Before beginning a cabinet conversion, please understand that this is being done at your own risk. There is no warranty for a conversion, and it can, if done improperly, potentially ruin the machine.

Please have an understanding of the functions of the machine, electro-static discharge safety, and use caution when handling machine parts, even when shut down.

What cabinet do I have?

It’s important to determine what sorts of components you have in your DDR cabinet. The type of components your cabinet has will determine the sort of PC and other hardware you’ll need to buy. I would suggest starting by following my guide on DDR cabinets and PCBs.

Put simply: most cabinets in the western market are Generation 1. They usually come with one of the following PCBs: a System 573 (DDR 1st to Extreme), Python 2 (DDR SuperNOVA series), or Bemani PC (DDR X and beyond). They also likely have a CRT display, although you’ll find that many have been converted to use LED displays instead.

This guide will attempt to walk you through the conversion process, and I will point out what steps correspond to which types of cabinet components.

Getting a PC

If you don’t have a Bemani PC, you’ll need a PC of your own.

For 573 or Python 2 owners

Because 573s and Python 2s are glorified PlayStation consoles, you can’t install StepMania on them. The good news is that StepMania has very low hardware requirements — any PC from the last decade should run it just fine.

If you want to run fancy themes or play songs with a lot of effects, you should probably get at least 8GB of RAM. A SSD will also significantly improve load times, and a dedicated graphics card or AMD APU might improve frame rates.

Separate from running StepMania, if you want your PC’s specs to be similar to those found in official Bemani PC hardware, you might look for Dell Optiplex 700-series PCs, which are often very easy to find on eBay. I personally bought an Optiplex 780 for just $50. The small-form-factor (SFF) build is small enough to fit inside the monitor portion of my cabinet (since the CRT has been replaced with a LED). I also went for a Radeon R7 250 GPU (If you get a SFF PC, you’ll need a low-profile video card), which is the best card that Optiplex 700 supports, for about $25. If you have a CRT, though, you’ll need a GPU that has VGA output – or use a DVI-to-VGA adapter.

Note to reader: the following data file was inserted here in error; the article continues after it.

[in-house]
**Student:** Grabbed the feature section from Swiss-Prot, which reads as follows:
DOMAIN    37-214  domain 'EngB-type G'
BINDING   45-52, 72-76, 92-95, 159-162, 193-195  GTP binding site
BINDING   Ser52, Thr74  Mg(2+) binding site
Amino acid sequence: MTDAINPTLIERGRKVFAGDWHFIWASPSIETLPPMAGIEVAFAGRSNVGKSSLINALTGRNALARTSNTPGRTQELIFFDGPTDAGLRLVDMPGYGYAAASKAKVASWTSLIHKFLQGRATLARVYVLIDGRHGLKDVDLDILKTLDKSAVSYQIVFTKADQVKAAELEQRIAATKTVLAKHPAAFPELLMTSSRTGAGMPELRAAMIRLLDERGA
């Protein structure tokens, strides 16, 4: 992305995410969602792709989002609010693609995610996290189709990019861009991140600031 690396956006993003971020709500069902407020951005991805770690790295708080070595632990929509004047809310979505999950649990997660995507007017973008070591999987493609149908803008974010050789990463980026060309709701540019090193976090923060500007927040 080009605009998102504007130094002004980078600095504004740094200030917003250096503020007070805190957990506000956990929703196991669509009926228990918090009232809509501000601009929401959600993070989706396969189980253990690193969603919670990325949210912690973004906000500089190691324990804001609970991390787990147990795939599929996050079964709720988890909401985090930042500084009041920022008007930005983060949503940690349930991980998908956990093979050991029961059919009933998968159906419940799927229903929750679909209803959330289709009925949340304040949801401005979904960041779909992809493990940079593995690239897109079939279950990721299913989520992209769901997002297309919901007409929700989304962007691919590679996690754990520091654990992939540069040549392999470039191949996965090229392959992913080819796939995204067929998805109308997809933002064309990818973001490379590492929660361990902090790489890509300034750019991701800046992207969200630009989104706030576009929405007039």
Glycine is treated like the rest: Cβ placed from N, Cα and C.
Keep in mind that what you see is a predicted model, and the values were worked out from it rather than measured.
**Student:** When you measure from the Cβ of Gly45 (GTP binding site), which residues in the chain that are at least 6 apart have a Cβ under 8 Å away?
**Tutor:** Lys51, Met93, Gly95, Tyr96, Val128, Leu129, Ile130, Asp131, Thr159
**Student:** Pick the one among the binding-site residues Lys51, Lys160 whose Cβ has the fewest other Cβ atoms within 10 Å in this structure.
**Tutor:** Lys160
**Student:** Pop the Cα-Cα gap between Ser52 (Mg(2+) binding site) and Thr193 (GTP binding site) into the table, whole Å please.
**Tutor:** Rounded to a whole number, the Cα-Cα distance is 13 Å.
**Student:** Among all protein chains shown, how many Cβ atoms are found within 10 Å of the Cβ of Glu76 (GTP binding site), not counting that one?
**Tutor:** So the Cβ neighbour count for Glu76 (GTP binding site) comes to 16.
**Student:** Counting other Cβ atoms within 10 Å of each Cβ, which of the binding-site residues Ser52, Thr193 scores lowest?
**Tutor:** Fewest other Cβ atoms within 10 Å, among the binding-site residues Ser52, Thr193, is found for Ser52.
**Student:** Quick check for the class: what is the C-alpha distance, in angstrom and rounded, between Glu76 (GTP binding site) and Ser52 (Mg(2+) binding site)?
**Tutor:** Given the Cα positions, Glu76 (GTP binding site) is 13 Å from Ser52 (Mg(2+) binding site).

My Dell Optiplex 780 sitting in the top compartment of my cabinet, where a CRT once lived.

For the sake of working easily with other hardware you’ll connect to the PC, I’d recommend installing Windows 7 or above, although Windows XP or a Linux distro will work if you’re okay with putting in more work. There is a helpful guide on setting up Windows 10 Enterprise/LTSB to hide most UI as the machine boots, although many of these settings will work for older versions as well.

There is also a separate guide on having a dedicated StepMania setup using a custom Arch Linux image. It is already configured to work with CRT monitors and a variety of I/O and lights devices.

Once you’ve set up your PC, read this guide on setting up StepMania!

For Bemani PC owners

Bemani PCs are actual PCs, all running different versions of Windows. You’ll still need a proper build of StepMania to work with the interface in the back of the PC — more info on that below.

Connecting the cab to the PC

For your safety, ensure your cabinet is off, unplugged, and discharged before opening it up!


The easiest option is to power your PC externally, but that means turning it on separately and most likely having it sit adjacent to the machine instead of inside it. If you want to be able to throw a single switch, this approach isn’t for you.

Other approaches vary based on the type of cabinet. Almost all of them demand a certain level of electrical engineering knowledge, so if you are uncomfortable with voltages and amps and the like, consider asking for help.

A straightforward approach could be to cut the power cable coming from your PC’s power supply and wire it into the control transformer in your cabinet (if it has a terminal block). Ensure your PC’s power supply is set to the proper voltage depending on which screws you connect to. Understanding wire crimping, continuity, grounding, etc. are beyond this guide’s scope, so ask for help if necessary.

Interior of a K-cab. Top: four 110v outlets. Bottom: control transformer with 220V, 110V, and ground screws.

If you have a K-cab, it’s possible that your cabinet has some 110v two-prong outlets inside it. If one of them is not in use, you can plug your PC into it using a cheater plug, although it’s obviously good practice to connect its ground tab to something.

Some power supplies (in Betsons, for example) might have passthrough IEC connectors, but they often do not pass adequate amperage, so plugging into one might not be a great approach.